Furthermore, Russian state-affiliated actors manipulated and invoked these Serbian cultural memories to bolster Russia’s own image as a potential ally and remind Serbs of those times when Russia’s rivals had attacked them. For example, the message that Russia supported Serbia while NATO (conflated with the European Union and United States) bombed the Serbs was a mainstay in a 78-day series created by Sputnik in 2019 and encompassed videos, interviews, and reportage, including a special section on their website. In a subseries entitled “20 Years after NATO Aggression,” Sputnik described the 1999 bombing of Serbia in highly emotive terms, focusing on injured children and conspiracies as to why NATO bombed Serbia. Another popular video blamed George Soros for U.S. involvement in the Yugoslav wars. At no point was there any mention of NATO’s openly stated justification of the bombing campaign. Language from the series description assured viewers:

We will remember the innocent victims and the heroes, known and unknown. We will show the grimacing faces and bloodcurdling phrases pronounced by NATO commanders and the leaders of countries in the Western alliance. We will dissect NATO crimes from 1999 from all angles.

This translated quotation typifies the narrative structure of Russian memory alliance promotion in Serbia and elsewhere: an initial emphasis on shared pain and connection through memory of historical victims and heroes quickly morphs into a geopolitical commentary. Similar approaches could be found across various content engaging not only with the 1990s but also World War II.

The embassy’s Facebook content at times advanced similar messages to Sputnik, but on the whole, Russia’s digital diplomacy in Serbia has tended to balance content between a critique of NATO and celebration of Russian history/historical allyship with Serbia. This was evident in posts published on June 16 and 18, 2020 on Facebook that criticized the West for destroying Yugoslavia, attacking Serbia, and ignoring Serb grievances but also firmly underlined Russian support—then and now—for Serbia’s grievances. Rather than accusing NATO of all manner of crimes, this more toned-down approach argues instead that the NATO campaign, Kosovo independence, and various other events related to the 1990s wars were illegal and unjust—a narrative that appeals directly to extremist views in Serbia, including those of nationalists critical of President Vučić for his willingness to compromise on Kosovo, which, if it happened, would reduce Russia’s influence over Serbia as one of the few major powers supporting its claims there. Thus, an important element of Russia’s appeal is in providing succor to these ostensibly unfairly ignored “historical truths” in Serbia.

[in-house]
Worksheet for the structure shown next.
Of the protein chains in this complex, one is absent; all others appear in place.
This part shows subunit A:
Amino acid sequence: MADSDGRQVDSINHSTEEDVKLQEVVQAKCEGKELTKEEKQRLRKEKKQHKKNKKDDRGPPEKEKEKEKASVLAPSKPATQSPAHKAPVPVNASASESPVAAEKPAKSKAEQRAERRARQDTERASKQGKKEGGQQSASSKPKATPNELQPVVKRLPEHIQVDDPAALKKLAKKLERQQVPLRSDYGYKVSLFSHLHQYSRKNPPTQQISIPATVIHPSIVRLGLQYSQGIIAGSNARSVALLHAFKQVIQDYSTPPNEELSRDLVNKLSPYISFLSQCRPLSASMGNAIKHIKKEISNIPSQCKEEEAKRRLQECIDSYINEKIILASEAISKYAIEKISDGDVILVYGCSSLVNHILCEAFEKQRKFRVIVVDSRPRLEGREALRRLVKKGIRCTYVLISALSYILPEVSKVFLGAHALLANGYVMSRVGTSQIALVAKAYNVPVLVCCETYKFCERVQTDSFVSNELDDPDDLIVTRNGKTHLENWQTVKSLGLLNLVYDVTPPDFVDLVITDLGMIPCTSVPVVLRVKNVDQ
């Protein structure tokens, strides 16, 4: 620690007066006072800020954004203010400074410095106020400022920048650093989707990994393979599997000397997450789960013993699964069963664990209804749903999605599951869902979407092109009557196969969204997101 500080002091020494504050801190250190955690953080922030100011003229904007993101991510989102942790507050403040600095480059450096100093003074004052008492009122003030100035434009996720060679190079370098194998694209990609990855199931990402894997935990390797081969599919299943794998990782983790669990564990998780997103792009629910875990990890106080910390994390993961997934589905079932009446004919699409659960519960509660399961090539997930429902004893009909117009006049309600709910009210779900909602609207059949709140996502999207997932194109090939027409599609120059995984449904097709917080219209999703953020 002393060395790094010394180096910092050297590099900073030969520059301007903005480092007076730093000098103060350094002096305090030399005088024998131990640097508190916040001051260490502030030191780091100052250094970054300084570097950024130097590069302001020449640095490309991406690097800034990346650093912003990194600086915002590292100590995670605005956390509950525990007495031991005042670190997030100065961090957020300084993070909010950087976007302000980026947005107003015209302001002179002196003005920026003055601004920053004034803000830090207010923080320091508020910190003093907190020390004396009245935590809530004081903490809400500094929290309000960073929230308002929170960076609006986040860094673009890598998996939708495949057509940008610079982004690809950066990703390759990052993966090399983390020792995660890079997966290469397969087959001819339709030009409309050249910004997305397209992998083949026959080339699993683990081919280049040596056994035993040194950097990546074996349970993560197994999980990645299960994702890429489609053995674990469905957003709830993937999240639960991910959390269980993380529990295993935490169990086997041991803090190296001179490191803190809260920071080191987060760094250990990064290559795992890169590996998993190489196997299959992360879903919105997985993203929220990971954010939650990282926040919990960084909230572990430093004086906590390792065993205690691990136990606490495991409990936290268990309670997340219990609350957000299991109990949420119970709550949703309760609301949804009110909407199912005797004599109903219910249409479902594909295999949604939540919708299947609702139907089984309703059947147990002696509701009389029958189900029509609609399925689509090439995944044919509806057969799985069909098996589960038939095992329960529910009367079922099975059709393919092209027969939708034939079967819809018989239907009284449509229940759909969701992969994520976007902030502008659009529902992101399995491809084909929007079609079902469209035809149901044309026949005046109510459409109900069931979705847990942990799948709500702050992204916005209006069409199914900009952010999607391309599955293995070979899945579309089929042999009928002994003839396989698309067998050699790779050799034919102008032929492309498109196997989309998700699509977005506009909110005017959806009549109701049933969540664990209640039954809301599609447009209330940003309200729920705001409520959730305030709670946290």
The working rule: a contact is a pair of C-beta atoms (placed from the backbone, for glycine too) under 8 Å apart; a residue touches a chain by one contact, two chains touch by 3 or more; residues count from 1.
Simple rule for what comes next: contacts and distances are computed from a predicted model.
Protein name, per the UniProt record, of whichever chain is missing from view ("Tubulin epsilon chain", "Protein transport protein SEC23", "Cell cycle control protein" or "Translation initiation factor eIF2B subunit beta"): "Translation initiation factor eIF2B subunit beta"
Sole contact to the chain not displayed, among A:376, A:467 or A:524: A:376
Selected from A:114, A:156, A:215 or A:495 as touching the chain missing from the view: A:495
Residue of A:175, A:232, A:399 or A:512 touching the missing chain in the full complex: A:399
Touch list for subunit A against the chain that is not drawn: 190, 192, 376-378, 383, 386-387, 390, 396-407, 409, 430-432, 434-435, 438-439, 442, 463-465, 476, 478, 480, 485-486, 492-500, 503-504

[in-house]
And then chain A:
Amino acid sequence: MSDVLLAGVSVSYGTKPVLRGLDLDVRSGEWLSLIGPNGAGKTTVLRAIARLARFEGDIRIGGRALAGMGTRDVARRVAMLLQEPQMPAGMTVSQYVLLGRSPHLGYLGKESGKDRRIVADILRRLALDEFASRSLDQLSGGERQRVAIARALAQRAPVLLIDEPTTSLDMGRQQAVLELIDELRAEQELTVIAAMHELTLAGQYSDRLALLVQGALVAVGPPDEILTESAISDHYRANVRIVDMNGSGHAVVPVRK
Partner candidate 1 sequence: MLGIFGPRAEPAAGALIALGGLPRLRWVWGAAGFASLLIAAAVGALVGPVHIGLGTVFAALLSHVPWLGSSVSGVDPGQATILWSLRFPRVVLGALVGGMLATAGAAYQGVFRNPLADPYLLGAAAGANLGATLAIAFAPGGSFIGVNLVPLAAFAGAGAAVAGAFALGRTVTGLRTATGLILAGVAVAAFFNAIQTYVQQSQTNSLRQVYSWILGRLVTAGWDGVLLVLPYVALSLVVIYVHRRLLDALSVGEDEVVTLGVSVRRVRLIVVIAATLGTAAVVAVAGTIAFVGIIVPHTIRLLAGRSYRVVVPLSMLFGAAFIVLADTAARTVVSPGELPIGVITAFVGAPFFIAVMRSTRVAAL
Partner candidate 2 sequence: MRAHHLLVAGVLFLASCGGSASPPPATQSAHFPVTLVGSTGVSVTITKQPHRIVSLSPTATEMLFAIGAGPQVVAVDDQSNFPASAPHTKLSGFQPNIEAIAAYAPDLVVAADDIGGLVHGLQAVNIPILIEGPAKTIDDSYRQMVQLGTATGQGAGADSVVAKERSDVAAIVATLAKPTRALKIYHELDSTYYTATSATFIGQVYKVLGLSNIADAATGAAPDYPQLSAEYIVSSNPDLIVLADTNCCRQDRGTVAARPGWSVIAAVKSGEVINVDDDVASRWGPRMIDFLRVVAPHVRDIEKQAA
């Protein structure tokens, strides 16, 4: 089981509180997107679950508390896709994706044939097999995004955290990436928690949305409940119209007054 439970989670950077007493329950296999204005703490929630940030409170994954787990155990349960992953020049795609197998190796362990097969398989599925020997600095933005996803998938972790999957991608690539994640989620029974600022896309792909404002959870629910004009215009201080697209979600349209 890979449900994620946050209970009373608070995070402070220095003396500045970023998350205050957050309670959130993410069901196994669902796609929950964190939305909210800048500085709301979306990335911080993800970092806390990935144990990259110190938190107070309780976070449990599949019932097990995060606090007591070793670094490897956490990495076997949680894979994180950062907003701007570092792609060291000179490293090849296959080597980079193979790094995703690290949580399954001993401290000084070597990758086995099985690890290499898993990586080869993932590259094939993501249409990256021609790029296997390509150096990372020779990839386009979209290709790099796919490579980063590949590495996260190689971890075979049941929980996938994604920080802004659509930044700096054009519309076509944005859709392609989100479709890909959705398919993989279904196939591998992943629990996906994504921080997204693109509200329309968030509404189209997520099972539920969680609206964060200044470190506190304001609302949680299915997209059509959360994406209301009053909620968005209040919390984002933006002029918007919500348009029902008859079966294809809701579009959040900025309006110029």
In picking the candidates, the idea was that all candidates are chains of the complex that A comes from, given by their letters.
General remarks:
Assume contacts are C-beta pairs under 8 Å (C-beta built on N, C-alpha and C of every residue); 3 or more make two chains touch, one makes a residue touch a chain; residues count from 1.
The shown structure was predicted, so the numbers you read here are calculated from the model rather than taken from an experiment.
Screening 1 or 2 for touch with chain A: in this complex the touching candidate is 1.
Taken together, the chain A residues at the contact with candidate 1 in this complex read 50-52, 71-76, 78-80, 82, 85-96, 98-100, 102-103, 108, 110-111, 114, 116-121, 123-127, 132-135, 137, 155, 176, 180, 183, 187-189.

A similar message is reproduced through Ruski dom (the Belgrade branch of Rossotrudnichestvo, Russia’s main cultural organization abroad, which has been accused of conducting illicit influence operations in Serbia) which emphasizes a general narrative of Russia’s doomed efforts to protect Serbia in the 1990s. This serves to underline the need for a strong Russia which can come to its ally’s assistance. One of the best examples of this was a 2019 event to mark the unveiling of a bust of Evgenii Primakov, former foreign minister of Russia during the 1990s, who famously ordered his Washington-bound flight to be turned around in mid-air when he was alerted onboard to the beginning of NATO’s bombing campaign. That the seemingly inconsequential act of the “U-Turn over the Atlantic” should justify a bust reflects the paucity of Russian support to Serbia, as well as the great efforts being made to find evidence of memory alliances. There was considerable engagement from the Serbian side, with President Vučić, the Serbian prime minister, defense minister, and other politicians all in attendance for the Russkii Dom unveiling. Interestingly, it is Evgenii Primakov’s grandson and namesake who recently took over as head of Rossotrudnichestvo. In an interview he gave soon after taking the post, Primakov’s grandson suggested a rebrand and new name to focus the organization more on improving Russia’s image and soft power beyond the so-called russkii mir, including, presumably, tactics such as these.